Since meeting with credit unions and banking groups in North Carolina a year and a half ago, microlending bank Grameen America Inc. has pulled back but not abandoned the idea of pursuing a credit union charter.
The New York-based affiliate of Grameen Bank is known for its micro lending programs that help poor people, particularly women, and immigrants start their own businesses. Grameen Bank was launched in 1983 in Bangladesh by 2006 Nobel Peace Prize winner Muhammad Yunus.
In February 2009, Grameen America met with officials from State Employees' Credit Union, Self-Help Federal Credit Union, the North Carolina Bankers Association and both the North Carolina Commissioner of Banks and the North Carolina Administrator of Credit Unions to discuss setting up an affiliate in the Tar Heel state. All welcomed the bank's concept.
Grameen had previously expressed interest in obtaining a federal credit union charter in North Carolina. While that plan has not materialized, the bank hasn't given up on the idea.
"Pursuing a credit union license is one long-term strategy Grameen America has considered in its ambition to become a large scale microfinance provider in the United States," said Leslie Kane, executive vice president. She confirmed that the bank does not have a credit union charter.
John McKechnie, NCUA director of public and congressional affairs, said the regulator preliminarily approved Grameen's field of membership Aug. 13, 2009, but the agency has not received a formal charter application from the bank yet. The last contact Grameen had with the NCUA was in February when it inquired about the chartering process, McKechnie said.
The Grameen model is based on a peer group lending system, according to its website. Prospective borrowers form or join group member groups, which are then organized into centers with up to eight groups to a center. Center meetings take place on a weekly basis and are facilitated by center managers who are employed by Grameen. The group meetings and Grameen's lending standards promote successful repayment and also provide a forum for financial issues such as credit scores, savings and related needs like health and insurance.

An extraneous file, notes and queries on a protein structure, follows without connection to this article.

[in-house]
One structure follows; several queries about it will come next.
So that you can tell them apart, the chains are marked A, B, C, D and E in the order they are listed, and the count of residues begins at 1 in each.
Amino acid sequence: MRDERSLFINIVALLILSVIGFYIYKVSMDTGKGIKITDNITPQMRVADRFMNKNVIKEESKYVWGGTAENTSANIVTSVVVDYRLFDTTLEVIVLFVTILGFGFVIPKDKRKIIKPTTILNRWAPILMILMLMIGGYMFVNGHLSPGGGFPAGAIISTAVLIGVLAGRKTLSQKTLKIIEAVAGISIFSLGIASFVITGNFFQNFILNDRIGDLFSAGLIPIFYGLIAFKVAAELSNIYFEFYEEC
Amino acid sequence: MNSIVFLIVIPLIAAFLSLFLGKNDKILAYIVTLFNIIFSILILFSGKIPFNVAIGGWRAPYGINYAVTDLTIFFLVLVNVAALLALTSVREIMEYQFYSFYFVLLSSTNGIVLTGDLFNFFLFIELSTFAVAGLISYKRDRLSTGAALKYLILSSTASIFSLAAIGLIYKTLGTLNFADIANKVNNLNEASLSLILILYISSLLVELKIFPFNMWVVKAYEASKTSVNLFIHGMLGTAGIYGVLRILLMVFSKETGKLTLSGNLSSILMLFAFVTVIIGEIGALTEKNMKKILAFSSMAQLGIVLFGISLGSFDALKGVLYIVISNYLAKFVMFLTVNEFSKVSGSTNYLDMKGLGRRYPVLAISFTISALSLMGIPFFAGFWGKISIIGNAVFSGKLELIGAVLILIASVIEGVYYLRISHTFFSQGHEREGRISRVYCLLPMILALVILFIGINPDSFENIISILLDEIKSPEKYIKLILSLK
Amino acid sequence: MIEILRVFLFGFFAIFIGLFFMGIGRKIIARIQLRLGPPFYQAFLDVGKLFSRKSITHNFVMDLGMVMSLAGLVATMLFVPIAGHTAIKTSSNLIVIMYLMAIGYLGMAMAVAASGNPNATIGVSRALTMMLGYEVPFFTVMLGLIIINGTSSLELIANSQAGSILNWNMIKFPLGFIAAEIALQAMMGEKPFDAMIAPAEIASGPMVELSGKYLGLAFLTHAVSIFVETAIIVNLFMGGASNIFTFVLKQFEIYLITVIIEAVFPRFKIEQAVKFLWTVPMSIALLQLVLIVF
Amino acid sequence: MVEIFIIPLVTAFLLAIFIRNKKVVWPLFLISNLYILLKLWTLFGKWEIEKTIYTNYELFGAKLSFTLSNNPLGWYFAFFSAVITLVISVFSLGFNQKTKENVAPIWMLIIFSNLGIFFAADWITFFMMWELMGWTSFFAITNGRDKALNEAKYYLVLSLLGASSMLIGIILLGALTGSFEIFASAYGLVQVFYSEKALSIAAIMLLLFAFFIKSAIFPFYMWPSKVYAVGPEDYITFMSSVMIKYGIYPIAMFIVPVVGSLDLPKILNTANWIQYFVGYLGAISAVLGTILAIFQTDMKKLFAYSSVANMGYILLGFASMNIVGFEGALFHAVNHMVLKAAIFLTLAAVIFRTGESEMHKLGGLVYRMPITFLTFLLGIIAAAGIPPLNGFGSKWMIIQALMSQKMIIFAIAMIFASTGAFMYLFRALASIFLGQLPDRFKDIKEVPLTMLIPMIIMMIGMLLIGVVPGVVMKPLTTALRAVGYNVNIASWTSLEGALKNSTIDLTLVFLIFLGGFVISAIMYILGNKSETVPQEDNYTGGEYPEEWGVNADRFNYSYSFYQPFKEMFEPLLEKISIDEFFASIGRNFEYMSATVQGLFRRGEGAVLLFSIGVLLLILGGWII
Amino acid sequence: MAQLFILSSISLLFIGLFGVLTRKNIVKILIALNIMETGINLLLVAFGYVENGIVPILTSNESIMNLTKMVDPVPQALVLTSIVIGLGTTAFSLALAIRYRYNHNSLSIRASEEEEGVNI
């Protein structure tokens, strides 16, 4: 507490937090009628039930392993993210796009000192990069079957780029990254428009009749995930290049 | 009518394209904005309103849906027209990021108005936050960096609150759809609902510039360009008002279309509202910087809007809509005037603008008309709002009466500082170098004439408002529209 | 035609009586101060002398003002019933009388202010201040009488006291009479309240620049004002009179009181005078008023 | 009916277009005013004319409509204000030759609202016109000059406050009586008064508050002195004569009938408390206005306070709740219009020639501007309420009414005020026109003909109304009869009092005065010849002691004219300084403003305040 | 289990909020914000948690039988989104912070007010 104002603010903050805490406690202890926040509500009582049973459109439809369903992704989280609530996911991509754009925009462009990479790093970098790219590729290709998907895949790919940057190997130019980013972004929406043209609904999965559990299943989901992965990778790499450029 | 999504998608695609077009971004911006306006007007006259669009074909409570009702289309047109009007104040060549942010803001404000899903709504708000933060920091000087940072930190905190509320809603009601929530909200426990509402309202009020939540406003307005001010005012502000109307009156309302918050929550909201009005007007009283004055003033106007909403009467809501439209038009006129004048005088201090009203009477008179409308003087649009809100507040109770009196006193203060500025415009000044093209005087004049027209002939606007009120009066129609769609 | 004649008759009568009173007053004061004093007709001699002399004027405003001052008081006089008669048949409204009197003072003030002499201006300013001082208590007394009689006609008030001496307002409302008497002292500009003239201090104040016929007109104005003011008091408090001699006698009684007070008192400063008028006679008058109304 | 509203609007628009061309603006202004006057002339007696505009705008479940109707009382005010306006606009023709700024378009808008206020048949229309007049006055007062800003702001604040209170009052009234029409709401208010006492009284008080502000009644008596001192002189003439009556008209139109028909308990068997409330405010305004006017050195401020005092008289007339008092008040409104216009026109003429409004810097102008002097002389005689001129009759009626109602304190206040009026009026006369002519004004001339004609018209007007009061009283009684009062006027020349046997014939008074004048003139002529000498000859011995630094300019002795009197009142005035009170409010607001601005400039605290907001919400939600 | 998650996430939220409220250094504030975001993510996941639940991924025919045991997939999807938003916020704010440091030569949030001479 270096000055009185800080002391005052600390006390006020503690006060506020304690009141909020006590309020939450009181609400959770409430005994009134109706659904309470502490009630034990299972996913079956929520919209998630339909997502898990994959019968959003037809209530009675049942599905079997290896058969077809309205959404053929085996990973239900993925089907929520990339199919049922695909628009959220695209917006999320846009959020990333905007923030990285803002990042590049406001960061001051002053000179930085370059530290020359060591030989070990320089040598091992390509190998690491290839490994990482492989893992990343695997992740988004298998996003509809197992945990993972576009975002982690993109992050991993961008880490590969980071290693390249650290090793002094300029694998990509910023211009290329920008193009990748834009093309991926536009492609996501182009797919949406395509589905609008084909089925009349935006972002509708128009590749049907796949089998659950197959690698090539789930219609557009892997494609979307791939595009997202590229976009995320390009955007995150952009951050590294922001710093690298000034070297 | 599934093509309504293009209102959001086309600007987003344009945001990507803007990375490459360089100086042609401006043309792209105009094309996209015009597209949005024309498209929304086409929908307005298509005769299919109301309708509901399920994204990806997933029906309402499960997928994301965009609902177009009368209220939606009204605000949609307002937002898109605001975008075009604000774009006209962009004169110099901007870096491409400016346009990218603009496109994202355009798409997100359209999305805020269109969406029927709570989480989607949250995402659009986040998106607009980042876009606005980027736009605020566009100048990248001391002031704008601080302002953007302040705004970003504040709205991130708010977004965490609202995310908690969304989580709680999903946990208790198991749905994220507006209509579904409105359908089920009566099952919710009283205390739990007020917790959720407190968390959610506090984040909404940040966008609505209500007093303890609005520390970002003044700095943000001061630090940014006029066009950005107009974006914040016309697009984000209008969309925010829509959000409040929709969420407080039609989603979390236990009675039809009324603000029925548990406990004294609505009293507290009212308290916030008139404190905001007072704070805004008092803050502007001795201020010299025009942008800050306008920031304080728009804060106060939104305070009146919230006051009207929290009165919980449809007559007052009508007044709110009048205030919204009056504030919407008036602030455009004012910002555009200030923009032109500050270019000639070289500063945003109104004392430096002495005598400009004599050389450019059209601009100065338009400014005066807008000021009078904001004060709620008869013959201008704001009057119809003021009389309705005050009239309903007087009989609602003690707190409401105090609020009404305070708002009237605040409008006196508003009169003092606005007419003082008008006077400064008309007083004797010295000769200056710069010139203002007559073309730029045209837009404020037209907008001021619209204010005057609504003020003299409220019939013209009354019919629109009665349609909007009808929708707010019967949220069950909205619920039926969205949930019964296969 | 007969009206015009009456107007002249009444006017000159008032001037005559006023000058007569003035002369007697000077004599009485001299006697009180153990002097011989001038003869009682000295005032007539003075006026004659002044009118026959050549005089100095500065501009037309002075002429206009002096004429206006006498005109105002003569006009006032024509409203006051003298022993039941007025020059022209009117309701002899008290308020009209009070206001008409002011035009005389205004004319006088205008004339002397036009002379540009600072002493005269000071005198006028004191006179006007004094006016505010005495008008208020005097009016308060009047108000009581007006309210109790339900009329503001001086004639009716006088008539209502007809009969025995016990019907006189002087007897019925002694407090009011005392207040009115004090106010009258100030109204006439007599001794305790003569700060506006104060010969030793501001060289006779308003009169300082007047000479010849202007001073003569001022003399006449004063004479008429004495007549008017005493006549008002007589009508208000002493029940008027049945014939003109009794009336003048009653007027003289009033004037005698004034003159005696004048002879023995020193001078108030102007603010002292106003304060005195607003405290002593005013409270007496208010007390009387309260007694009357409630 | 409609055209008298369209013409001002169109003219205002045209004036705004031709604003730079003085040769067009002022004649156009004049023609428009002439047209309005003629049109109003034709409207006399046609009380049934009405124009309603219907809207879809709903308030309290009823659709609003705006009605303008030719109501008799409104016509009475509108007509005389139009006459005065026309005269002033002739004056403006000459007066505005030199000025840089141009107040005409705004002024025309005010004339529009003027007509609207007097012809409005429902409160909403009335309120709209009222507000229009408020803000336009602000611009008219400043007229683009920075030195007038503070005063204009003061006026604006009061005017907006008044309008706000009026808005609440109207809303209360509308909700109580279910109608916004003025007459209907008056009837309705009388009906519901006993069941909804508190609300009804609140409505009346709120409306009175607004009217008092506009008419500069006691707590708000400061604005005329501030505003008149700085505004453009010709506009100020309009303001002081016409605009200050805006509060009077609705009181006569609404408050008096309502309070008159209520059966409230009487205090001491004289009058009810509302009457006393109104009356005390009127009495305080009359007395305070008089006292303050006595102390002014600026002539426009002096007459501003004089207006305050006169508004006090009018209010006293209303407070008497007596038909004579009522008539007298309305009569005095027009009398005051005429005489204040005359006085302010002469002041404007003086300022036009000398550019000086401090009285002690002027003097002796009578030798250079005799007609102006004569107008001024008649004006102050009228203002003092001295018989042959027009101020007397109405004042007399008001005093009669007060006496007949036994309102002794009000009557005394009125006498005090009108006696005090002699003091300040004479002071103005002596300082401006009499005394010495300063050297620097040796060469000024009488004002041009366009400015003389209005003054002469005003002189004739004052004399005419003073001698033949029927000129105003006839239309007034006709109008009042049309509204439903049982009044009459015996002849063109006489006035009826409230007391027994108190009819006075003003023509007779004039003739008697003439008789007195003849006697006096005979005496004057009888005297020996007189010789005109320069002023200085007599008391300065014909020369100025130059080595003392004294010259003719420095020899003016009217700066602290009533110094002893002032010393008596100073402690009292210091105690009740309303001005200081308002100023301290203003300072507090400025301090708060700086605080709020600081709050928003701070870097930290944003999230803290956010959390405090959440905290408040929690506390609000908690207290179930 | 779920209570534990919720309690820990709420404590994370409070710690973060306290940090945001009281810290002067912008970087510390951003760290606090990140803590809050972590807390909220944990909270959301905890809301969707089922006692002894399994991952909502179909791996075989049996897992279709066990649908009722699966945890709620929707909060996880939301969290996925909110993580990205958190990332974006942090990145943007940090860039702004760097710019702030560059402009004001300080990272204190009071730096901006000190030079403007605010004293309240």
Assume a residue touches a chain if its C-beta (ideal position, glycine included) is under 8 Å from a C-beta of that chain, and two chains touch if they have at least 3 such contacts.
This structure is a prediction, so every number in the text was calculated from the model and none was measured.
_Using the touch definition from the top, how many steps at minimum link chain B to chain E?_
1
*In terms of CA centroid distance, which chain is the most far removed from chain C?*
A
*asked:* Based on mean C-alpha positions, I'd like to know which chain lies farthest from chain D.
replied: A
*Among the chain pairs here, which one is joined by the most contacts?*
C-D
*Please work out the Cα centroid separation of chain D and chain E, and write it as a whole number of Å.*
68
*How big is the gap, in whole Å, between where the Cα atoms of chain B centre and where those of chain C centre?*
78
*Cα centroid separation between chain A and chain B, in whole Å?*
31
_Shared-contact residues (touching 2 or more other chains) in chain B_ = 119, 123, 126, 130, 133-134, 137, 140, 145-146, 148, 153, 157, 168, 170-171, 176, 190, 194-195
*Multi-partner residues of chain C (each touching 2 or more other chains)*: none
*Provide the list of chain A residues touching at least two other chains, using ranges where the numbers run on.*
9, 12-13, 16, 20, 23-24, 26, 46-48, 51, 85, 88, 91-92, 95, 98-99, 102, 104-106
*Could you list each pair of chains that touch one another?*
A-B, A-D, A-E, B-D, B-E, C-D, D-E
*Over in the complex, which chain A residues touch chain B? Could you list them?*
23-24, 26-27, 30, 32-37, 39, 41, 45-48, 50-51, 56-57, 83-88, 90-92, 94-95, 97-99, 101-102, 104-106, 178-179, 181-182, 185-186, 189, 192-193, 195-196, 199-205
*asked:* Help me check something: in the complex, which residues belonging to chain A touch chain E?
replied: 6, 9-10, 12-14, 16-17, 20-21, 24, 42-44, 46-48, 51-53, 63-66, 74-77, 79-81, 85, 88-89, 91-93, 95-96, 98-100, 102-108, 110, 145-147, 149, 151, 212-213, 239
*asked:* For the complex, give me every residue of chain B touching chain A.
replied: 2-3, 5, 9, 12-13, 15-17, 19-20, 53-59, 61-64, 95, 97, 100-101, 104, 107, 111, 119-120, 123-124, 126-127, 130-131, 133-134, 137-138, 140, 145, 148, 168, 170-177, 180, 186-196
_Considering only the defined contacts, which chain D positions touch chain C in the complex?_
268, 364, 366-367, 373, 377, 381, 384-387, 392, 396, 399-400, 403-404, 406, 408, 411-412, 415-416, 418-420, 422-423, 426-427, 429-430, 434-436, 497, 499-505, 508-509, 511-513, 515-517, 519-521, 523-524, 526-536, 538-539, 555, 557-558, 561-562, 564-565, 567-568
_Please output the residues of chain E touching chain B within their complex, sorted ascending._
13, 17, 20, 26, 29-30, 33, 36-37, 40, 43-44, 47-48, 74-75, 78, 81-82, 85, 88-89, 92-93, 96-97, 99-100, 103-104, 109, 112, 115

The Grameen loans generally range from $500 to $3,000, which are usually made for a term of one year or six months, have an interest rate of 15%, carry no fees and are typically repaid in weekly installments. Phased disbursement minimizes default exposure while creating the proper incentive structure for customers to reach ever higher levels of loan disbursement, according to Grameen. The bank's principal source of revenue will be the interest paid by borrowers. Grameen said it has a 99.5% repayment rate. All borrowers are required to open a savings account.
Jim Blaine, president of SECU, previously said the credit union would be willing to provide accounting, processing, ATM access and statement rendering services to Grameen if it secured a charter in North Carolina. Blaine said that is still the case.
"We continue to be interested in supporting their efforts," Blaine said, adding there have been no recent discussions with Grameen. "I believe Grameen may have found that it can work its model without a need for a charter."